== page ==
Magistrate diagnosed with cancer

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Phillips to begin chemotherapy

By Calen McKinney


The fight has just begun, but he says he feels optimistic.

Taylor County magistrate Richard Phillips was diagnosed last week with cancer. He began the first of six chemotherapy treatments yesterday.

Phillips says his cancer was caught early, and his doctors have said they believe his cancer might be curable.

Phillips, who is in his second term as 6th District magistrate, has worked at Taylor Regional Hospital for 25 years, where he is staff development coordinator.

Before being elected to his magistrate seat, Phillips served on the Campbellsville City Council for two years.

His diagnosis started with what Phillips describes as pain caused by a kidney stone. He said he has had kidney stones before, so he thought he had another one. The pain fluctuated, Phillips said, and he was managing it. But on Jan. 17, it got so bad he went to the TRH emergency room for treatment.

After some scans and other tests, a doctor told Phillips his pain wasn’t being caused by a kidney stone.

“The physician told me, ‘You have a mass.’”

A surgeon was called, Phillips said, and a biopsy was scheduled. After a couple biopsies and a bone marrow test, the mass was identified.

Last Friday, Phillips was told he has non-Hodgkin’s follicular lymphoma. The cancer arises from a type of white blood cell. Phillips’ cancer is in an early stage, and is “low grade.”

After being diagnosed, Phillips said, he and his doctors came up with a treatment plan. Phillips will take six chemotherapy treatments and have preventative chemo boosters every two months for the next two years.

His first chemo treatment, done at the TRH James Graham Brown Cancer Center, was scheduled to take between six and eight hours. Phillips will have a treatment every 21 days.

Phillips said it’s comforting to him to know that all of his doctors are in his hometown, so he doesn’t have to travel for treatment. He said the staff members at TRH have been very supportive. And he says his doctors have told him his type of cancer could be cured, something he didn’t expect to hear.

“We prayed for a very treatable kind, and that’s what happened,” he said.

Phillips said he hopes to continue working while undergoing treatment. That will depend on how he feels after having chemo. As of Tuesday, he said, he felt great.

“If I feel good, I’ll be working Friday,” he said.

And Phillips said he believes his magisterial duties won’t be impacted at all throughout his treatment.

“If there’s a situation that needs to be dealt with, I’ll be sure it’s dealt with,” he said. “All of the magistrates have reached out to me and are willing to help in any way they can.”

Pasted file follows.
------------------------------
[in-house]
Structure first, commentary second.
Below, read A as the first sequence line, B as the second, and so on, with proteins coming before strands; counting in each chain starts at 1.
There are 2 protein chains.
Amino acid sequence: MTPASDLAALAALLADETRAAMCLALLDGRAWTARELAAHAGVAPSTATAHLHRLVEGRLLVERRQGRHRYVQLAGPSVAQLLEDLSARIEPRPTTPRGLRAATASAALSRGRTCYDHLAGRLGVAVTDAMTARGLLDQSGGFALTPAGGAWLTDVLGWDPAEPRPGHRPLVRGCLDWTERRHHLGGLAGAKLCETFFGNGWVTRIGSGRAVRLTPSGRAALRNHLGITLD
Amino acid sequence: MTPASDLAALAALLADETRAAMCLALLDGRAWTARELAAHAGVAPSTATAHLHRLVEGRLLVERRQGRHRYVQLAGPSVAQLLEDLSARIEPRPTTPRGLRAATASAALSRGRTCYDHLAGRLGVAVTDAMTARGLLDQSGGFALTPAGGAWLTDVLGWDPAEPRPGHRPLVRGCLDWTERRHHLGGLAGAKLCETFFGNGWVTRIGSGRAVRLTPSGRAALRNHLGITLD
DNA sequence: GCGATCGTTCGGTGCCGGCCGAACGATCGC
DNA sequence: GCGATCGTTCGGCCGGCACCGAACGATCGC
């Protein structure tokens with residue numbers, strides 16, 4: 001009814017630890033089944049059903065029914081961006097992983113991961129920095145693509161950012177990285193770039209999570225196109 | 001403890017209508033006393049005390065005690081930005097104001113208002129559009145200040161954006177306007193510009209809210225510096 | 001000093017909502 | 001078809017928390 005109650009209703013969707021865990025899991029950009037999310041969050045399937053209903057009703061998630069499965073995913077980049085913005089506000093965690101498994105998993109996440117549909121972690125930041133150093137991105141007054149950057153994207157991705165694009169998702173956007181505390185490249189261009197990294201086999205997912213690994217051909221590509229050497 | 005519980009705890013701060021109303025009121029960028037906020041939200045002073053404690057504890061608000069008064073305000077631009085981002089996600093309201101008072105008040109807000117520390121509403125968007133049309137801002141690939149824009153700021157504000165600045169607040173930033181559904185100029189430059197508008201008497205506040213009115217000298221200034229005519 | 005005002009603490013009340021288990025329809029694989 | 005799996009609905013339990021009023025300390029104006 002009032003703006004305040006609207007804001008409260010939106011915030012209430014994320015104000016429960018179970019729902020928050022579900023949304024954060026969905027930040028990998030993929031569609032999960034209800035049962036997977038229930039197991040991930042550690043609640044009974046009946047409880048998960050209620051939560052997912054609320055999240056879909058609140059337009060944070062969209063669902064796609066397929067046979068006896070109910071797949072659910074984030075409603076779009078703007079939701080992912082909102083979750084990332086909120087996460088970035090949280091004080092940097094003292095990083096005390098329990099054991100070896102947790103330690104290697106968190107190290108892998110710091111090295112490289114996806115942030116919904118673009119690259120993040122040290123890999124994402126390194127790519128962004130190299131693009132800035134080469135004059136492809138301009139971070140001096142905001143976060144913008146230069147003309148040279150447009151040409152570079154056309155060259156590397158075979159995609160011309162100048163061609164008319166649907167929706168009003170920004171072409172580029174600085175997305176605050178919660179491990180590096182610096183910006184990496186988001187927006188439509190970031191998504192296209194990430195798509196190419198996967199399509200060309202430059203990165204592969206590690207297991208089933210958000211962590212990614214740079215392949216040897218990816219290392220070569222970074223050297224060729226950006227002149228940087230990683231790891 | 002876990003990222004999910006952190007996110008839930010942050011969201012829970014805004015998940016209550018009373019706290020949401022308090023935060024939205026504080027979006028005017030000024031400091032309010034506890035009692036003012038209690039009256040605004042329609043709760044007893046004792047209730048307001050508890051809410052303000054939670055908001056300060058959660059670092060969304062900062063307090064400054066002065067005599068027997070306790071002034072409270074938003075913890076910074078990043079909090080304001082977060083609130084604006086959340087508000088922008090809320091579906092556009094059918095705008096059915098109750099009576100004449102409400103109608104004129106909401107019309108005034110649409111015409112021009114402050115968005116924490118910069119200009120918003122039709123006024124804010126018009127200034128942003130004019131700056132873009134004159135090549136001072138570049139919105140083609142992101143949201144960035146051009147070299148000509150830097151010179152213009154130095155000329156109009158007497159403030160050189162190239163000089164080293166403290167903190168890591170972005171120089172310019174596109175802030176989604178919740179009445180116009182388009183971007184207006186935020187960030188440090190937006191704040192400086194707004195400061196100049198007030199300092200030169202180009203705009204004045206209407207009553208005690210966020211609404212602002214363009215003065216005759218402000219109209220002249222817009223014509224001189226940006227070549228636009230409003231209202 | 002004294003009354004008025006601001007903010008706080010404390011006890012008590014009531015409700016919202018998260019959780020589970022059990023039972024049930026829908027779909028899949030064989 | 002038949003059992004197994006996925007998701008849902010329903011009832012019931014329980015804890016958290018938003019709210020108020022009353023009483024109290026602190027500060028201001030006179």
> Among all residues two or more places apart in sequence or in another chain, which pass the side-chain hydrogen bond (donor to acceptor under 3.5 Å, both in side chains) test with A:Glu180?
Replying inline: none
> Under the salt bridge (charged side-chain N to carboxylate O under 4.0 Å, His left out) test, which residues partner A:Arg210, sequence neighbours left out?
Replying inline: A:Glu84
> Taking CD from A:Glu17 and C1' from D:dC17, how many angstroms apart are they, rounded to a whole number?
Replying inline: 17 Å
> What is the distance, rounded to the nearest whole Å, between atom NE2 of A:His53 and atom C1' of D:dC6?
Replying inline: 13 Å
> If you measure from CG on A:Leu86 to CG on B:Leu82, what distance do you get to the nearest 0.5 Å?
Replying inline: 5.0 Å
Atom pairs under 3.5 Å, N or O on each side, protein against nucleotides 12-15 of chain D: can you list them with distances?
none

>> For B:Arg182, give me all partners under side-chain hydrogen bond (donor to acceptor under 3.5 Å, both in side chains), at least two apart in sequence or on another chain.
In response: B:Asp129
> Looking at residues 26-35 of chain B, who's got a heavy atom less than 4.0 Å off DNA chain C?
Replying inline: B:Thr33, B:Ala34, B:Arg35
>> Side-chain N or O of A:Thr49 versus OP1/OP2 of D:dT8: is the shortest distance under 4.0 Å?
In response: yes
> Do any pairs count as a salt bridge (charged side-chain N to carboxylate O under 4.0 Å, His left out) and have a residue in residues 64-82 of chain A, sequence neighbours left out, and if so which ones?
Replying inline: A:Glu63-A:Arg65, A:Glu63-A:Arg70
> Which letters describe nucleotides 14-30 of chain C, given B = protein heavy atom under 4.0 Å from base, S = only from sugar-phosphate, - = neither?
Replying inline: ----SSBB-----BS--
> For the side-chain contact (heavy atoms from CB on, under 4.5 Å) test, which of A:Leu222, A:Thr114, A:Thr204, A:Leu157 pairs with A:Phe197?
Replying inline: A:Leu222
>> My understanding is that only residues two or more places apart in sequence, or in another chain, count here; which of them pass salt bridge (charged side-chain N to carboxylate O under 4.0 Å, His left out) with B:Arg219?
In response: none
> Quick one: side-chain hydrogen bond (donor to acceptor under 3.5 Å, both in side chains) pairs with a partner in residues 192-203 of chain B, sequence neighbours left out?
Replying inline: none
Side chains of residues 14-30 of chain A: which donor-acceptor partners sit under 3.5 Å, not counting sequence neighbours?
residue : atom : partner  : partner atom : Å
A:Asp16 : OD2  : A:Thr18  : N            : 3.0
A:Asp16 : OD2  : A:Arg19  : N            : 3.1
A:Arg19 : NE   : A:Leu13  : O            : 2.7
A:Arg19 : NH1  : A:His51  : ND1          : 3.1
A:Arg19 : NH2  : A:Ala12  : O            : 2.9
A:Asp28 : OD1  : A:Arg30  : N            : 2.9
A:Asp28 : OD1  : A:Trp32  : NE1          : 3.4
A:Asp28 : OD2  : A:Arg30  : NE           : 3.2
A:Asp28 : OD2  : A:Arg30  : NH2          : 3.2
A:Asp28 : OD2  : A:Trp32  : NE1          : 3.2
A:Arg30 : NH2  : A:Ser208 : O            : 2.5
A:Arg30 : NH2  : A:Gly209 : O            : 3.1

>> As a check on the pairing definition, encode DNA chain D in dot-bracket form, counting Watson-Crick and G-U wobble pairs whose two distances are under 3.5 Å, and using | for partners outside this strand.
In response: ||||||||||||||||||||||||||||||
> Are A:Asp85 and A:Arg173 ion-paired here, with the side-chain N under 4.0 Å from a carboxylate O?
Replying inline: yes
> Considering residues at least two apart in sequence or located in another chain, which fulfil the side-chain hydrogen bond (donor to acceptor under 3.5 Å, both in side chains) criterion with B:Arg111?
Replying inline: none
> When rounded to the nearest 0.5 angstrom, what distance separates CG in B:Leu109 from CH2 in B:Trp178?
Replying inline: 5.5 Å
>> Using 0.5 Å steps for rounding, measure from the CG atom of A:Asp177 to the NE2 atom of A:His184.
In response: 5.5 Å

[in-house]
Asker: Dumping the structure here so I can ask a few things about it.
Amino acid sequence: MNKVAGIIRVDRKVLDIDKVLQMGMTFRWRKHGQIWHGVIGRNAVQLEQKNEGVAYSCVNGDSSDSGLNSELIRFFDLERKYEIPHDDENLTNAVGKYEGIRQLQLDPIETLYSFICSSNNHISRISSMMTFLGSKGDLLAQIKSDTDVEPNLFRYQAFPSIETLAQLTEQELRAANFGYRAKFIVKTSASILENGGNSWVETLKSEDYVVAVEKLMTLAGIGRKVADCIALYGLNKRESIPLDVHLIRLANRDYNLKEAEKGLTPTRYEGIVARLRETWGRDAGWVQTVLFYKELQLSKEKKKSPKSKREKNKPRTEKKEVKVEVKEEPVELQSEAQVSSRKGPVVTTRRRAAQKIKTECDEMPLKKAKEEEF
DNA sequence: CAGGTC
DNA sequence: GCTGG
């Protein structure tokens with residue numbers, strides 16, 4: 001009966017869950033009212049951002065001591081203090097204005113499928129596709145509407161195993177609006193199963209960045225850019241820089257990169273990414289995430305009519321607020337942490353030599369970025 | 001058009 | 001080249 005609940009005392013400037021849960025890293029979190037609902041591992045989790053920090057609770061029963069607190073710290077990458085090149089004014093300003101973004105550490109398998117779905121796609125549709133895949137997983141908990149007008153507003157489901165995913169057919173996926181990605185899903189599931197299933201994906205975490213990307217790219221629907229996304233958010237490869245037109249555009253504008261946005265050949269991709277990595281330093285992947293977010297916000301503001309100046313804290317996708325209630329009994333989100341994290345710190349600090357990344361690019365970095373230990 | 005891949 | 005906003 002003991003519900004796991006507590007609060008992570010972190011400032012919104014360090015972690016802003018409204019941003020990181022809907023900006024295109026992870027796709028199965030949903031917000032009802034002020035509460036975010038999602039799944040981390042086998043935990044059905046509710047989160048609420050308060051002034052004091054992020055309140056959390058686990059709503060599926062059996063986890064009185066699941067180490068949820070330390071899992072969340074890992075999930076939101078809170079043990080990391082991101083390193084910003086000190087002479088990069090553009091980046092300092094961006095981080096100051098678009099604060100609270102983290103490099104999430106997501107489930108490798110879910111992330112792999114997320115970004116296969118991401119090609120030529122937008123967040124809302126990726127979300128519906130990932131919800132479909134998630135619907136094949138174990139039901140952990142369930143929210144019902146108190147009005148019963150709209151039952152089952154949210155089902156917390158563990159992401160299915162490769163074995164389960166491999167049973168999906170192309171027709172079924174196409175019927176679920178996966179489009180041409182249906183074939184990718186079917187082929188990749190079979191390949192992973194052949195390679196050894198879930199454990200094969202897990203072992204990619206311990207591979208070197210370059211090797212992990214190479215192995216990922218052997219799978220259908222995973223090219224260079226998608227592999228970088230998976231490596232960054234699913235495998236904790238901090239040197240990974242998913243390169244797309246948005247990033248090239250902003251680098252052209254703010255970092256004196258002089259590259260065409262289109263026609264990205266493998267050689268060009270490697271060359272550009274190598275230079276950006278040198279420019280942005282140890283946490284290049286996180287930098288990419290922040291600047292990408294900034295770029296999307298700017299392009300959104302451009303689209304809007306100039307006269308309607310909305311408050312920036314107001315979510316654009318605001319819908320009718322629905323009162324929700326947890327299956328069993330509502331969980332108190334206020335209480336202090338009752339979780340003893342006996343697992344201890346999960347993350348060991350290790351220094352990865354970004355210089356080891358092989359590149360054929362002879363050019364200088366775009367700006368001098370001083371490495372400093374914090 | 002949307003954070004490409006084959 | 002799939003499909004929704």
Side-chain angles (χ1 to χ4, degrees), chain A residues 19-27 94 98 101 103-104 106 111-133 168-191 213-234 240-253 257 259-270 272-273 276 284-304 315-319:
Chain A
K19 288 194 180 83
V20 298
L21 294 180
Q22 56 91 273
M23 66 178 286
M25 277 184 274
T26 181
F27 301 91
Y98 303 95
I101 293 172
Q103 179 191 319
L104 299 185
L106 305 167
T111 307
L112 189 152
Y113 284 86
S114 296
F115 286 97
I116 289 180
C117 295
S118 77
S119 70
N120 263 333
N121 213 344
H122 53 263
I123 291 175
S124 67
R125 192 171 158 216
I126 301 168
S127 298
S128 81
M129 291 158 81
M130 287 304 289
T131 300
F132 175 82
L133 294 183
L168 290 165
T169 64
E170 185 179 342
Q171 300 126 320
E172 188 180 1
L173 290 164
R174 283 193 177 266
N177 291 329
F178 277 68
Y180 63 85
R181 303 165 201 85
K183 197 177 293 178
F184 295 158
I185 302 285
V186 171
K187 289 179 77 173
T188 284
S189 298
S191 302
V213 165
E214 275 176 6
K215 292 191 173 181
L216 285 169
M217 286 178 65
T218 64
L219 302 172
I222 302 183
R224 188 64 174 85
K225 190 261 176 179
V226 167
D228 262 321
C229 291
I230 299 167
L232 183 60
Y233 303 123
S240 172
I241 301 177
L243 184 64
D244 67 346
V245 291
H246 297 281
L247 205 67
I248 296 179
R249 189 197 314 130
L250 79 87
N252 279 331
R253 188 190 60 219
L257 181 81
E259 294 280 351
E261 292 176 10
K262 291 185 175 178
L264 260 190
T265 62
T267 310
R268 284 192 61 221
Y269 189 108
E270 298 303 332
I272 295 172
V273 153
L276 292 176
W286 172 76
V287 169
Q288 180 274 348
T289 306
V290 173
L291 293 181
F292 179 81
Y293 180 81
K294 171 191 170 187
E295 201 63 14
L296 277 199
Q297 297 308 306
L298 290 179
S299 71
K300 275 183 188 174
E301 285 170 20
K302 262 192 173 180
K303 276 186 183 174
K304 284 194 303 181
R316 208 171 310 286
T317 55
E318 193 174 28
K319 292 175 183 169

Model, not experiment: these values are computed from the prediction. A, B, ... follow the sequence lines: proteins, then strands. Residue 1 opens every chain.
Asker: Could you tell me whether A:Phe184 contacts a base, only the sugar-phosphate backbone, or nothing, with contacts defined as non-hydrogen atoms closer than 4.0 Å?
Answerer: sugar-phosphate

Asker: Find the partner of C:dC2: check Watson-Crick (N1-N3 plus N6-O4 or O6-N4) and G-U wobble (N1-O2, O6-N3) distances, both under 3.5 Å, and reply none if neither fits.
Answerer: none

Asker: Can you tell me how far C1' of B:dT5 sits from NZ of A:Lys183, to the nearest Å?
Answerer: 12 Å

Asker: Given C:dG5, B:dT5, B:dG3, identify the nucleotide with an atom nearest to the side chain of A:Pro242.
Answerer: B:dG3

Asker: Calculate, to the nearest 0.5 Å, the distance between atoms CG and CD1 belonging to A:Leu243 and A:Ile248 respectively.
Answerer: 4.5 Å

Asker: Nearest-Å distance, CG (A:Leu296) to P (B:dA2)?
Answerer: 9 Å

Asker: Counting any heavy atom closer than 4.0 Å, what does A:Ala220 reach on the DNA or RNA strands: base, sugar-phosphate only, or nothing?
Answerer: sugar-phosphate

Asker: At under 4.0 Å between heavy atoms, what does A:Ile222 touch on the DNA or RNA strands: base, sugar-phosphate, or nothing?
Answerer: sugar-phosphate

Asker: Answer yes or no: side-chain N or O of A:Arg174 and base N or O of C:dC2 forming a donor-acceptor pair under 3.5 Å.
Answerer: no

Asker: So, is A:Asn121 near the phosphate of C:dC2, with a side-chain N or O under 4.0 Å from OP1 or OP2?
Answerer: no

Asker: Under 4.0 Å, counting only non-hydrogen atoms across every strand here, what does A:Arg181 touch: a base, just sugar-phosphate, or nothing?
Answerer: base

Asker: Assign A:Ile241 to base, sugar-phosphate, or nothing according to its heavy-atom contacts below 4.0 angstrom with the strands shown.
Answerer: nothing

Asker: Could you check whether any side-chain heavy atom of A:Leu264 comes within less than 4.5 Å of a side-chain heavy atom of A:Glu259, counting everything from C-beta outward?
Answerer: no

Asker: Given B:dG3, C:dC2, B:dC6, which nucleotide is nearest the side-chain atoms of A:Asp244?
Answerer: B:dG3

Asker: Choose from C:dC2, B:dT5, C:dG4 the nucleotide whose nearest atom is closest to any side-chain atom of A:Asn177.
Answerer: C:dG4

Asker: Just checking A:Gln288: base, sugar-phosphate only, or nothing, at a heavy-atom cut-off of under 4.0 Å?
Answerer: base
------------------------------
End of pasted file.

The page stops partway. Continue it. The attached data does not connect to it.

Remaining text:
Phillips said his family at Pleasant Hill Baptist Church is also supporting him. He said they had a prayer service for him when he began experiencing pain.

“And from that point forward, it did not hurt,” he said. “I could control my pain with medicine. I think prayer has helped.”

This isn’t Phillips’ first battle with cancer. In 2009, he was diagnosed with melanoma, a form of skin cancer. He didn’t have to treat that cancer, he only had a spot on his skin removed.

Hearing he has cancer again, albeit a different type, Phillips said, is still shocking. There isn’t a long history of cancer in his family, though a sister had breast cancer.

“That’s a very scary word when you hear that again,” he said. “It’s a sickening feeling. It’s so scary and there [are] so many unknowns.

“The cancer takes complete control of your schedule. It’s what you think about all the time.”

But Phillips says having a plan to battle his cancer makes him feel better prepared to get started.

“They’ve even said the word ‘curable,’” he said. “We’re overly blessed. I have 100 percent faith in my medical team.”

Phillips said his wife, Marnie, has been very supportive throughout his diagnosis.

“She makes everything right,” he said.

He said he has also received an outpouring of support from his children, friends, co-workers at TRH and colleagues in county government.

“We feel very positive,” he said. “We will do whatever they tell me to do.”

Phillips says he is optimistic that he will once again beat cancer.

“There’s a bunch of people right now doing the exact same things and a lot are worse,” he said.

Phillips said he appreciates support and prayers throughout this illness. He said he has already received many cards and letters.

“Everyone’s just been wonderful to us,” he said.